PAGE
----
Sunday, November 27, 2022

Beijing’s aim to divide AliPay rocks Chinese tech stocks

Amidst Beijing’s latest regulatory wave to impose dominion on its tech sector, China’s Big Tech shares drastically dropped on Monday as the country’s watchdogs intend to break down Ant Group Co.’s Alipay, at a speed the U.S. and the European Union cannot fathom or dare to indulge in. 

Following a Financial Times report stating that Beijing is planning on breaking up Ant Group’s Alipay and forcefully create independent loans apps, Alibaba shares plunged by 4.23 percent in New York Stock Exchange (NYSE) with a share valuation closing at $165.41, as of the time of writing, according to Nasdaq.

Alibaba’s drop in shares trickled down to a multitude of other Chinese tech stocks, with Tencent shares slipping by 2.45 percent clocking in a price of $61.43 per share, while Meituan shares plunged by 4.47 percent and closed its trading day with $63.75 per share as of the time of writing, according to Yahoo Finance. 

Hang Seng Tech index shares fell by 2.27 percent, following a 22 percent drop in valuation so far, with 11 percent recovered from an August low. 

Hang Seng represents 30 of the biggest technology hubs listed in the Hong Kong Stock Exchange (HKSE) with augmented business exposure to technological essence. 

Other Chinese tech firms have been severely affected by the regulatory decision.

On Monday, the country’s industry and Information Technology Minister Xiao Yaqing announced that China is experiencing an overload of electric vehicle (EV) companies emphasizing the importance of establishing a union to enhance its charging network and providing EV sales in rural markets. 

Following Yaqing’s statement, BYD Co. Ltd shares dropped by 2.14 percent at the Shenzhen Stock Exchange (SSE) and currently stands at $41.78 per share, while Xpeng Inc. shares plunged by 2.35 percent in the HKSE and closed at $32.90 per share as of the time of writing, according to Yahoo Finance.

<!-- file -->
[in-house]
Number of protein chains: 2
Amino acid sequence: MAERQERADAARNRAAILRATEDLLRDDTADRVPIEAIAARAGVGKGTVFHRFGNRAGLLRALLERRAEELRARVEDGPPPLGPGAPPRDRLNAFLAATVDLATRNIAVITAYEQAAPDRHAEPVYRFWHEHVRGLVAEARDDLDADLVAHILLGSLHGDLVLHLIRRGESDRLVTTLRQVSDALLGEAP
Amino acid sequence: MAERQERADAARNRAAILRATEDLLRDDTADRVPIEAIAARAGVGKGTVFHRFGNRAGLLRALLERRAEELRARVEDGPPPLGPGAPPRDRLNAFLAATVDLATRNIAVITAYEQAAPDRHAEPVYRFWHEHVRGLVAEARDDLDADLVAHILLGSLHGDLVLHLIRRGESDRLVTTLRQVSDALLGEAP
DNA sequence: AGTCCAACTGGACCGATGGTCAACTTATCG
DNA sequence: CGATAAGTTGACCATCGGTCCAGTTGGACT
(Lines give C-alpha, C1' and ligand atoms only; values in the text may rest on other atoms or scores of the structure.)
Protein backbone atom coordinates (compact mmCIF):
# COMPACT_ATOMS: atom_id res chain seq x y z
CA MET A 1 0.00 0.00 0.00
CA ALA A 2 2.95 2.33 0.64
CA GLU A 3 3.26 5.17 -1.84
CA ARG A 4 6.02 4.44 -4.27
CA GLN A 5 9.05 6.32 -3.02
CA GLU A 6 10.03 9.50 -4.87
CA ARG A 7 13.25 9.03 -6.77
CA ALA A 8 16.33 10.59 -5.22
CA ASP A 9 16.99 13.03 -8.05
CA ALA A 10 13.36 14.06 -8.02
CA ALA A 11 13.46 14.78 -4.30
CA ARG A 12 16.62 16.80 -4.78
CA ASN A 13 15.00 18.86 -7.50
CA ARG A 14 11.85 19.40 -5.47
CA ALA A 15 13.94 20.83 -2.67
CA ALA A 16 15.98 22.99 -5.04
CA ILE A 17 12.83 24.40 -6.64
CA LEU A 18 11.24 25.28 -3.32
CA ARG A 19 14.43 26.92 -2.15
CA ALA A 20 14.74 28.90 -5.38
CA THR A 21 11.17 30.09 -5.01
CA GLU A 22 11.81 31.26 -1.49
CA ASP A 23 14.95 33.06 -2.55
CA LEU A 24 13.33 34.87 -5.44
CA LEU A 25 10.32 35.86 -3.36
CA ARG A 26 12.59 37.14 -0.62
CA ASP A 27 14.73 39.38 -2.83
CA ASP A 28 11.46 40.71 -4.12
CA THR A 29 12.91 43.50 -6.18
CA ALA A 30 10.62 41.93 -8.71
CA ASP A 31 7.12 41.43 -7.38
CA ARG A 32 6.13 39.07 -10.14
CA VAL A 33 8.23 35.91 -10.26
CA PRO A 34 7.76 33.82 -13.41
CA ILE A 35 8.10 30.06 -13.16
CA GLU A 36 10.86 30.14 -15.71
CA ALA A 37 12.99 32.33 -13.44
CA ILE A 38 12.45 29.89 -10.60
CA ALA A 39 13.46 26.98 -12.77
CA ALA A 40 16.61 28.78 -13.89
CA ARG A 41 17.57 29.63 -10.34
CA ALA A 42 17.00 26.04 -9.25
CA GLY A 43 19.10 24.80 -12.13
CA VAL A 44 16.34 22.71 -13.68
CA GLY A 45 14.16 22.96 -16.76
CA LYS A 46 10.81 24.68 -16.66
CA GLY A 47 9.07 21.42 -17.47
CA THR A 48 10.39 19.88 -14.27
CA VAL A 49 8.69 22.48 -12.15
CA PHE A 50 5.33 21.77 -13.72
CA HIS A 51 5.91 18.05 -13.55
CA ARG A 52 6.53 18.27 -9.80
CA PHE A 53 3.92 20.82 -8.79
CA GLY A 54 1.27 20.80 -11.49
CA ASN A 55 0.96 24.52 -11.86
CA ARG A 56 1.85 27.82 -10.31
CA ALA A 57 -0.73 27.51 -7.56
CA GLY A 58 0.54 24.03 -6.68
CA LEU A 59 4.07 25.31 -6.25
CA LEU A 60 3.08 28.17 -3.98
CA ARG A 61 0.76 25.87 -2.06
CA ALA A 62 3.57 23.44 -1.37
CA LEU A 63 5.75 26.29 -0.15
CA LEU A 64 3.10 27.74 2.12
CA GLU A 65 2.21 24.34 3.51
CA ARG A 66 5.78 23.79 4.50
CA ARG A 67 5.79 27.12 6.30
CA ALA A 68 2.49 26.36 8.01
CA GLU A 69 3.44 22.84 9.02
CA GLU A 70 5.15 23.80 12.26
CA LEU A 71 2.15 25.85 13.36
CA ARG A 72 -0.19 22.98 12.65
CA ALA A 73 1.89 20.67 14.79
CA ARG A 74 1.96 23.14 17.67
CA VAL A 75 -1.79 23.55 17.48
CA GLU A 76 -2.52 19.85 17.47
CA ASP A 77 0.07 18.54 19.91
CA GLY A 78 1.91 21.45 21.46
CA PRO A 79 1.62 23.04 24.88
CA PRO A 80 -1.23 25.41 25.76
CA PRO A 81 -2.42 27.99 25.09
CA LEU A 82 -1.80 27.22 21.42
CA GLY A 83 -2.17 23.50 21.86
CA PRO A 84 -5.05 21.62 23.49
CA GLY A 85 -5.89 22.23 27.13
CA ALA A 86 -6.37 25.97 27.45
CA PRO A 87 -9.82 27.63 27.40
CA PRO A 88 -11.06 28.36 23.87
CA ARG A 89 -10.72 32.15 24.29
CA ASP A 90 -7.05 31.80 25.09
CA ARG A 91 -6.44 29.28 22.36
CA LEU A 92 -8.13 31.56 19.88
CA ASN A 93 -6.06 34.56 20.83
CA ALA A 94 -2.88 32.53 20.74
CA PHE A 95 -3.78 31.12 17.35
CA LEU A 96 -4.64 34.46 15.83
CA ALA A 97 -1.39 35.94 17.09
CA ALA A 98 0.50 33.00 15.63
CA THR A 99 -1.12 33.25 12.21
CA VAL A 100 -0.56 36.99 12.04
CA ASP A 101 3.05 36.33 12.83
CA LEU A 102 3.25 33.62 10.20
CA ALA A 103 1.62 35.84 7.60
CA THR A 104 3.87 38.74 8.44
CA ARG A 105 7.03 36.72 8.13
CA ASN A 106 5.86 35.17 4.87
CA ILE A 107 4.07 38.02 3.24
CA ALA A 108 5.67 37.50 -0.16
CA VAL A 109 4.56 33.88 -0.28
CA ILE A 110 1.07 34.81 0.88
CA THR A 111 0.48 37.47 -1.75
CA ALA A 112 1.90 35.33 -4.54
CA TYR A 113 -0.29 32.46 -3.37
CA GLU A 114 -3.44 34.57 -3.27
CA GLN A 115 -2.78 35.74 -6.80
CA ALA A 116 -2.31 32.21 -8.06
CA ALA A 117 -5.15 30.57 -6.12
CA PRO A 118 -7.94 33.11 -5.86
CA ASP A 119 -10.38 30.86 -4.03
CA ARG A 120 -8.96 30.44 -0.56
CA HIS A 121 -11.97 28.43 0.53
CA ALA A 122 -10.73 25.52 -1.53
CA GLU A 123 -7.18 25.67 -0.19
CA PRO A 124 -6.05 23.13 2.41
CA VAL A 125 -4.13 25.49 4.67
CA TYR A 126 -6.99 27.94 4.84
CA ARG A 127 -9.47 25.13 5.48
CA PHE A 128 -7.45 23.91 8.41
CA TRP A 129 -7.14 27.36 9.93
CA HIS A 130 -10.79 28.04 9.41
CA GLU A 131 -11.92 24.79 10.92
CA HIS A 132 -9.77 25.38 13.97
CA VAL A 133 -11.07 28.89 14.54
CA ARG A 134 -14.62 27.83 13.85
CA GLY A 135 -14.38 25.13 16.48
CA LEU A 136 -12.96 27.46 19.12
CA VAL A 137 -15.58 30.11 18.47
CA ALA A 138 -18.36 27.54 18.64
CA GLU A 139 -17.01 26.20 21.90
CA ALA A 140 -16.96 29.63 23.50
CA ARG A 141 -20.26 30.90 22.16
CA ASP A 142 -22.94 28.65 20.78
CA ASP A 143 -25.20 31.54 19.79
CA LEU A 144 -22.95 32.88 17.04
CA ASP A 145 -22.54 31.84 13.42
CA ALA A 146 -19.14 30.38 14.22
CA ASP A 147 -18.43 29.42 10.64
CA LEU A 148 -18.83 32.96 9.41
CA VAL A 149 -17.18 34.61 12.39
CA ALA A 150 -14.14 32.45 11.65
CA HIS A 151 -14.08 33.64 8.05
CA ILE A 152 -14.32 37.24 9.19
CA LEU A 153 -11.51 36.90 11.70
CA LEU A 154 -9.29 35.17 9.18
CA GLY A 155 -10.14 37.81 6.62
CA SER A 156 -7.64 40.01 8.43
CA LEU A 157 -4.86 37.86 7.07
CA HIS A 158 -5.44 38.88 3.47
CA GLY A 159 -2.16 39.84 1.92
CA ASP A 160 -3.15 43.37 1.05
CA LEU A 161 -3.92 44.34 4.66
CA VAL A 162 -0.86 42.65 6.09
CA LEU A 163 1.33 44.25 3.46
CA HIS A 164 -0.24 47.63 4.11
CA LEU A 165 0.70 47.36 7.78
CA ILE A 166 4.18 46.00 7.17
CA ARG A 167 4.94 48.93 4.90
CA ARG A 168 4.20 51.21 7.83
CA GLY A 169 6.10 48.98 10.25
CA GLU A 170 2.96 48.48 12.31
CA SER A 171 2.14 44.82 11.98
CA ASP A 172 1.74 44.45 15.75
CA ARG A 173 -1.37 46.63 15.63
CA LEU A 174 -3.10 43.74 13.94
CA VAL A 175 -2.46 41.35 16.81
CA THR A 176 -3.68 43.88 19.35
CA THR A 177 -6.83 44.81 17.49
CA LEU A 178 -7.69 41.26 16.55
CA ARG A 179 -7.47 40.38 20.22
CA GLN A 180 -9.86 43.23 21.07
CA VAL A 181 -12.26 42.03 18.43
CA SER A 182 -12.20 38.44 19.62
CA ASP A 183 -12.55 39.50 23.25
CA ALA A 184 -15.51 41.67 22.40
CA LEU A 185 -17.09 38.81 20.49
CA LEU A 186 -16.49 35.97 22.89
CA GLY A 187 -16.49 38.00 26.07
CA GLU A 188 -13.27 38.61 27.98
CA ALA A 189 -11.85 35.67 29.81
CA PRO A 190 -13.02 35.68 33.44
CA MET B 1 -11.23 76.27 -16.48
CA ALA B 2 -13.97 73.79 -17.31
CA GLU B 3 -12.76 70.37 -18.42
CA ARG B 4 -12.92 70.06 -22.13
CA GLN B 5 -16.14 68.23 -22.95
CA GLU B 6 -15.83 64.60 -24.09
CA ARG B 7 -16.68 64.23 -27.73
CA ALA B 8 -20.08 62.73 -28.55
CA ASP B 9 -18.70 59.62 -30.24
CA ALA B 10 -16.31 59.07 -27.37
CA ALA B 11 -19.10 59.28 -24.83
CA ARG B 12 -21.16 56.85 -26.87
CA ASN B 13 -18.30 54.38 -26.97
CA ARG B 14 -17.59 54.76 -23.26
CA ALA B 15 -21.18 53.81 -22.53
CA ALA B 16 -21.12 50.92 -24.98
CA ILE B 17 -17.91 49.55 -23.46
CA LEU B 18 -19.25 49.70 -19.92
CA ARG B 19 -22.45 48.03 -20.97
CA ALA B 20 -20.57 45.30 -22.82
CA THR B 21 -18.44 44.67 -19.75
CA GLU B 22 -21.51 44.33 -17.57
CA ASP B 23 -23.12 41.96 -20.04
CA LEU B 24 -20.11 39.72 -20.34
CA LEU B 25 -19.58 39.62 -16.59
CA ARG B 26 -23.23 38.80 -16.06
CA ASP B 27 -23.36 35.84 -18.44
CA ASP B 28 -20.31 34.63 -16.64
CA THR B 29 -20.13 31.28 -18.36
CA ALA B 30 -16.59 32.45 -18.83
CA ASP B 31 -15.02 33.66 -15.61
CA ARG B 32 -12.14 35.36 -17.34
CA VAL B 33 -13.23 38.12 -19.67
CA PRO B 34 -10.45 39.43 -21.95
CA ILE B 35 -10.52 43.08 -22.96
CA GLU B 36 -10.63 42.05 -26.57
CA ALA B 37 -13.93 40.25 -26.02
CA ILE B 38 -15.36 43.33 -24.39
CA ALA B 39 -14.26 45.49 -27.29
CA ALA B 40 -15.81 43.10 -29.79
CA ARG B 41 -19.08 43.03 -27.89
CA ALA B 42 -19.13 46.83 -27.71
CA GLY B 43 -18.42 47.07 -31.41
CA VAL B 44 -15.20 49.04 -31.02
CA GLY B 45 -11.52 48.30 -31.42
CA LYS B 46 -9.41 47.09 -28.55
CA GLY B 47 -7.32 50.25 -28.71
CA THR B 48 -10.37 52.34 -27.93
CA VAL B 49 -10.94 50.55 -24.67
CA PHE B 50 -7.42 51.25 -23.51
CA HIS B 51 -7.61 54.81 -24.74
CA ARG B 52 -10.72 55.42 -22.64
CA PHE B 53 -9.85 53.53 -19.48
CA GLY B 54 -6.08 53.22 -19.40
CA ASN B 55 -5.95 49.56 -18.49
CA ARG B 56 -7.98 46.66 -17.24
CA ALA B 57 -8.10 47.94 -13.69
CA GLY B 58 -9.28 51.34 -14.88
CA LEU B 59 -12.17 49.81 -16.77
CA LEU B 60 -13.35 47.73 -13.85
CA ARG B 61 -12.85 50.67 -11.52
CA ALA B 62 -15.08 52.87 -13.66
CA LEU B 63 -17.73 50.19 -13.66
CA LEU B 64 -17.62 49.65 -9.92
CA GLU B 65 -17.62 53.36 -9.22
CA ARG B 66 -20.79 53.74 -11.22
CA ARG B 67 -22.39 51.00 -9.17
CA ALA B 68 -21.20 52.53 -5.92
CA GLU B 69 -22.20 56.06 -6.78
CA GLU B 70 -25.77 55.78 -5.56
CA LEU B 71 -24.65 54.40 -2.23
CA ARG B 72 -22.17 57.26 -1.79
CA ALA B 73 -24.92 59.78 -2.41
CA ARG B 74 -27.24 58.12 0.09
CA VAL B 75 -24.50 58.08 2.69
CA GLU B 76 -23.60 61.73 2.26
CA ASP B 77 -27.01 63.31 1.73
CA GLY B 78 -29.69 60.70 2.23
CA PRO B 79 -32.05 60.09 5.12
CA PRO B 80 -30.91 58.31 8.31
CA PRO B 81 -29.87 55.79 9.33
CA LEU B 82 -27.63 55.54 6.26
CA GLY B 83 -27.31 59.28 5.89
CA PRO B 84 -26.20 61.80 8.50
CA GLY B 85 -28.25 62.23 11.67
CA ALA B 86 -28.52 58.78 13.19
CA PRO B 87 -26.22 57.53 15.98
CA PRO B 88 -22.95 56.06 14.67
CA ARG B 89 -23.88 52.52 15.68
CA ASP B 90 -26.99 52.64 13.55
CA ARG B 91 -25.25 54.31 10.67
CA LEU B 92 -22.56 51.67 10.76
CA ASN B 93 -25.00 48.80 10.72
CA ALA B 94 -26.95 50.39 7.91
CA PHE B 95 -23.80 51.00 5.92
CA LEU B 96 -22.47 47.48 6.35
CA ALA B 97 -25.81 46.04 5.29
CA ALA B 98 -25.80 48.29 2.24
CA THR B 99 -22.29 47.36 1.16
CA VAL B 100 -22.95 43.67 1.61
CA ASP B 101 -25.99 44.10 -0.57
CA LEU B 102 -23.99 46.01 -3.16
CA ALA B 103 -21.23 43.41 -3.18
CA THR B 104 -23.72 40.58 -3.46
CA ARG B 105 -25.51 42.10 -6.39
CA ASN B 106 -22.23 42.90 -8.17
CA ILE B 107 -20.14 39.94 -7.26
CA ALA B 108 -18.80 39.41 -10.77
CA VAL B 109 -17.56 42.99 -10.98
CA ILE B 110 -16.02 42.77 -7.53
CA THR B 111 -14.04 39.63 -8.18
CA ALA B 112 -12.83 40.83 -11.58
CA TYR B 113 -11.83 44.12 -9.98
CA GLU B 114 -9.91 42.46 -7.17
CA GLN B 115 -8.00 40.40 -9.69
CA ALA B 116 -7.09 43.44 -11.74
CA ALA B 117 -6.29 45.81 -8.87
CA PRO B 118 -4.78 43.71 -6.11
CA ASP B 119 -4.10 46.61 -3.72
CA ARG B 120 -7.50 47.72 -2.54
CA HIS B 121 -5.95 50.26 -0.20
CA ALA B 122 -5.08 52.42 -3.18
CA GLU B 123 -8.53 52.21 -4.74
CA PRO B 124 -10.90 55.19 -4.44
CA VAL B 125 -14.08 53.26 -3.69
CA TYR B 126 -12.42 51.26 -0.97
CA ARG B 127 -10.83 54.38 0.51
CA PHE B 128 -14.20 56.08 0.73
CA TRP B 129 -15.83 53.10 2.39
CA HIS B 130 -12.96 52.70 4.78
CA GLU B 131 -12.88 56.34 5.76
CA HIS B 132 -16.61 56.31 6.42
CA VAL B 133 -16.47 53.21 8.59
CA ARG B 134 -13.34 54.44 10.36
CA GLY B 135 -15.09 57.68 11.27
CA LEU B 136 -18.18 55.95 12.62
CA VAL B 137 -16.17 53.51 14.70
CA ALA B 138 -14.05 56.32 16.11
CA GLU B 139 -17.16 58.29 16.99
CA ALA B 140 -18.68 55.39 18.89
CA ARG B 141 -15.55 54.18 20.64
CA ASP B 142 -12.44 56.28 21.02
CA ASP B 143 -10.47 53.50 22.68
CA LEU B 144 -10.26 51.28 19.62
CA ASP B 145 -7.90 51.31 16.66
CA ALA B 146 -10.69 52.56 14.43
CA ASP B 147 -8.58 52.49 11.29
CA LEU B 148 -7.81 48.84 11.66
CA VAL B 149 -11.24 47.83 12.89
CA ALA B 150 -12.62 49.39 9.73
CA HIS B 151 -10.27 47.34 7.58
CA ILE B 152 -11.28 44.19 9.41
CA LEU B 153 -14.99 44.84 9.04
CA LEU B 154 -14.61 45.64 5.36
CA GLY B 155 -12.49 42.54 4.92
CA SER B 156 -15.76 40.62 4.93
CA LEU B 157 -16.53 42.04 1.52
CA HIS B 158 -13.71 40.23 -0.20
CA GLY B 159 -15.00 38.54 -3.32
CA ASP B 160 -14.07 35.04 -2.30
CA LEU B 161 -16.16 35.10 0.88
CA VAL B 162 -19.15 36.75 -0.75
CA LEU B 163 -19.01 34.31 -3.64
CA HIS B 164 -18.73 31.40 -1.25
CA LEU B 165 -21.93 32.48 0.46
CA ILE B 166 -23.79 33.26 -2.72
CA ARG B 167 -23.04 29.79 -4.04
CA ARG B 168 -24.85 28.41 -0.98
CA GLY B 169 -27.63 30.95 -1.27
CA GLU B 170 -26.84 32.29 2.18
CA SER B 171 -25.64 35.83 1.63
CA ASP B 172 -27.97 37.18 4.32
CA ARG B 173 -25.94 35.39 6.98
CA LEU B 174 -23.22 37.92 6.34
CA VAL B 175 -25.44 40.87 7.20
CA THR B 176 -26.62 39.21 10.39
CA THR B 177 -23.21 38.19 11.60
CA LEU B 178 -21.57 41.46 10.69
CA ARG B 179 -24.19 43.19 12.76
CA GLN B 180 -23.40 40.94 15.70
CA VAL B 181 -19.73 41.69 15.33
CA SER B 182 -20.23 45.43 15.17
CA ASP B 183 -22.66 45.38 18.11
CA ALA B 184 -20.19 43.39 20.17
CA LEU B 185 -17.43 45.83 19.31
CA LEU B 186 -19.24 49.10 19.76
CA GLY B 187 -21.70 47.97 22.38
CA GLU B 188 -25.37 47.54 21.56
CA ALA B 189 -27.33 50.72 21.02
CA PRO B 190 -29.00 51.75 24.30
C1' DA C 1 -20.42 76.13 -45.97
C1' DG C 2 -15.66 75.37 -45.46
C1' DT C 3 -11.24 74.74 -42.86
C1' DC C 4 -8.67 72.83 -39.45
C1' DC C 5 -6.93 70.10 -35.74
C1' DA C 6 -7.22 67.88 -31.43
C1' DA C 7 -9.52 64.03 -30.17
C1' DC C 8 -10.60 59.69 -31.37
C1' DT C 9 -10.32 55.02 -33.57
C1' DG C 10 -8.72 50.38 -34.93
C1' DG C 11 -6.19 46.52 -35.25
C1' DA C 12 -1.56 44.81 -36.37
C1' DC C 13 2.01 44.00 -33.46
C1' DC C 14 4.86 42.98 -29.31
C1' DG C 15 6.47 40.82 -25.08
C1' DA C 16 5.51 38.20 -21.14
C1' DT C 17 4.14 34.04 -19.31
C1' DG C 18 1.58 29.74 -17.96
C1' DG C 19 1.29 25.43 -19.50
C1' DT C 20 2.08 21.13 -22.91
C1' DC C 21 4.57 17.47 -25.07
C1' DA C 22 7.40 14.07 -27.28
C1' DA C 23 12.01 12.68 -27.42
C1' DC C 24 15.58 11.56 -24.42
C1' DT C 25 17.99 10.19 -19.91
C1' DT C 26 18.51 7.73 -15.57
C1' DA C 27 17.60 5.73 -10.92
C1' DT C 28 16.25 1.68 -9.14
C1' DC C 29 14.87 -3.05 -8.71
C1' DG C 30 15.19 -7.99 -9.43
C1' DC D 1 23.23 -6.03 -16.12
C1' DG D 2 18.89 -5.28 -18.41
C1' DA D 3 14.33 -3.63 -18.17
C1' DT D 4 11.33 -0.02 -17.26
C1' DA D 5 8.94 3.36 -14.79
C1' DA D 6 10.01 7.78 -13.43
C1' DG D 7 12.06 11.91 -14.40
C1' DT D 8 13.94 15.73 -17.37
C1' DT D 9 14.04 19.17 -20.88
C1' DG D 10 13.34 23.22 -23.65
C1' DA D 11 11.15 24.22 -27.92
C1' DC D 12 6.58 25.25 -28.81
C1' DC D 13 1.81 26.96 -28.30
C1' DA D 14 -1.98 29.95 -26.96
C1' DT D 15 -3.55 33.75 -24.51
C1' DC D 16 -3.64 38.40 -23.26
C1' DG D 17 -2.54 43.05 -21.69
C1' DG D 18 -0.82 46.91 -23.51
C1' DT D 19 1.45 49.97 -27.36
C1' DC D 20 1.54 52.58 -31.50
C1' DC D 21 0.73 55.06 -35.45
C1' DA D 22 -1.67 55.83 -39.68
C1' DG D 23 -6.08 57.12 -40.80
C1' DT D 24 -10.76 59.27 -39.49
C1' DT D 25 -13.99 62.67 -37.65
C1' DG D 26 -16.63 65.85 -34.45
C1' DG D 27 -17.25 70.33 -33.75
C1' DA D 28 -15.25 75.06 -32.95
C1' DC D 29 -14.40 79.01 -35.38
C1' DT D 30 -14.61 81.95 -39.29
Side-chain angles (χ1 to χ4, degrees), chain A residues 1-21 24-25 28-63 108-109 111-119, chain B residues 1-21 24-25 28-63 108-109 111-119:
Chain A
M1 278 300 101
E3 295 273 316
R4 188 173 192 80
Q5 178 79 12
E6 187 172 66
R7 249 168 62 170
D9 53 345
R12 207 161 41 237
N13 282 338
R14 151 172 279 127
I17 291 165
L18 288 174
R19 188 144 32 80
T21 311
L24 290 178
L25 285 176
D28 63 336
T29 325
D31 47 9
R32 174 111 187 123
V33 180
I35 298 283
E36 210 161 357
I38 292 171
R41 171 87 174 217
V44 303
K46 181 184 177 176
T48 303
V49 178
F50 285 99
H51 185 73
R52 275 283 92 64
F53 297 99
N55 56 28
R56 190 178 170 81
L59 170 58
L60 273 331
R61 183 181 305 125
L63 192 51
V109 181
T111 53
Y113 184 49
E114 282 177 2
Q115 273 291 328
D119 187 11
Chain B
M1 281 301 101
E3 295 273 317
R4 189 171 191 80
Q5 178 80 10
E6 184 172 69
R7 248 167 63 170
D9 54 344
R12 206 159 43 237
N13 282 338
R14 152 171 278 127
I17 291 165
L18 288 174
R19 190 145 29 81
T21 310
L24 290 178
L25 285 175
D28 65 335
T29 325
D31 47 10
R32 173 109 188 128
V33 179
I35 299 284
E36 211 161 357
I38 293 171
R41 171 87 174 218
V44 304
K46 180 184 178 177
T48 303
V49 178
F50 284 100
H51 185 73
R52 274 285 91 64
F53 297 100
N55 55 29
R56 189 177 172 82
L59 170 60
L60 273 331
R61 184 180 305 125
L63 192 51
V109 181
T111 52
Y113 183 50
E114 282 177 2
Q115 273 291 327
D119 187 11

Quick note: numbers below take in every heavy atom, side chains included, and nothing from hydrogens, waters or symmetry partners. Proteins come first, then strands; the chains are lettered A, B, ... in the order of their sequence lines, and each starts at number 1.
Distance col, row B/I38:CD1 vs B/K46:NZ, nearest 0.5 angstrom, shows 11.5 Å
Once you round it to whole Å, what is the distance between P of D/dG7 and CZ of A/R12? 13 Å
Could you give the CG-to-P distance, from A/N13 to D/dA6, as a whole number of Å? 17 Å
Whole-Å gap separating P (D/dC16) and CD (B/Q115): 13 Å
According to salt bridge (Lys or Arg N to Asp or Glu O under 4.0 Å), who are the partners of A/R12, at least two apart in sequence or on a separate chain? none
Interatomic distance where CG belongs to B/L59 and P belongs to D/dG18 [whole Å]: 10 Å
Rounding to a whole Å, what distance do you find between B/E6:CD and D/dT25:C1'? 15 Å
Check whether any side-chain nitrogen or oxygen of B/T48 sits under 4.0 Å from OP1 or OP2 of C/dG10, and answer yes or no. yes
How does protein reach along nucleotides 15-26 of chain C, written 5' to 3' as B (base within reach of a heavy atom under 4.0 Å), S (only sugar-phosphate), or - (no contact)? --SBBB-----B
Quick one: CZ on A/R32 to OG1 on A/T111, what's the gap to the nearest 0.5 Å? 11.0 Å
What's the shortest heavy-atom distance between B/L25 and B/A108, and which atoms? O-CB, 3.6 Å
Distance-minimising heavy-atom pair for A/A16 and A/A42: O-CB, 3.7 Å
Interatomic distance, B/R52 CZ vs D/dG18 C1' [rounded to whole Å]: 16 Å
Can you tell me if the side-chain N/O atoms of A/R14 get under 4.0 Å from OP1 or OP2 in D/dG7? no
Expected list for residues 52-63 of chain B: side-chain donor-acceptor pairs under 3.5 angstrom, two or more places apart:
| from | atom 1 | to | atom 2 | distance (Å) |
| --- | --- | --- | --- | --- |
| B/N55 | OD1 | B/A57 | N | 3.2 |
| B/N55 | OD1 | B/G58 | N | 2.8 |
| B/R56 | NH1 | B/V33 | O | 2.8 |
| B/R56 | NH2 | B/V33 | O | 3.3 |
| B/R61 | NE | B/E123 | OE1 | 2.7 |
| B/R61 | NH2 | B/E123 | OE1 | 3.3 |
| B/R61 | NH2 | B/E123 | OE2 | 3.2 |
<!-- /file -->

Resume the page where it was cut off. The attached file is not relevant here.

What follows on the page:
Late Friday, the government released a statement identifying that majority of China’s tech firms have failed to comply with the state’s regulatory legislation by not ensuring appropriate working conditions and rights in income and labor safety to their gig economy workers. 

The statement was a follow-up to a meeting conducted between four governmental agencies alongside ten major platform companies, including shopping platform Meituan, e-commerce giant Alibaba, and multinational technology conglomerate Tencent Holdings Ltd., partially state-owned internet tech company ByteDance, Baidu Inc., and smartphone vendors Xiaomi and Huawei.

“We firmly support the decision of the Ministry of Industry and Information Technology, and we will implement it in stages,” said Tencent. 

As for the e-commerce titan, Alibaba demonstrated intentions of showing utter compliance with the ministry’s demands. 

On a separate note, China is setting an adamant goal of detaching and dividing online payment platform Alipay to release individualistic apps for loan business. As for the implementation of the authority’s scheme, regulators have already set into motion the leading steps to divide the backend of its main entity from the remainder of its financial offering and introduce foreign shareholders. 

“I believe the market is still finding the bottom valuation of Chinese internet stocks,” Asia’s chief investment officer for Private Banking and Wealth Management at HSBC Holdings Plc, stated Fan Cheuk Wan said on Bloomberg TV.

China’s watchdogs have already demanded that Ant. Group must divide its two leading divisions Huabei and Jeibei, as the government is seeking to give these businesses their private platforms. 

The governmental plan also seeks to reinforce its loan decision to change Ant’s financial divisions to its latest, partly state-owned, disjointed credit scoring joint venture by forcing Alibaba’s financial affiliate company to relinquish its user data.

“The government believes that Big Tech’s monopoly comes from managing data. I want to end it,” said a source close to Beijing’s financial regulators.

Beijing’s complicated ripple of regulations and tactics to divide its tech firms to further establish its supremacy on its tech hubs seems to be overwhelming the sector’s lead players. These tactics could immensely affect the dynamic between the miscellany of the state’s tech companies while the government expands its reign on the tech sector. compendium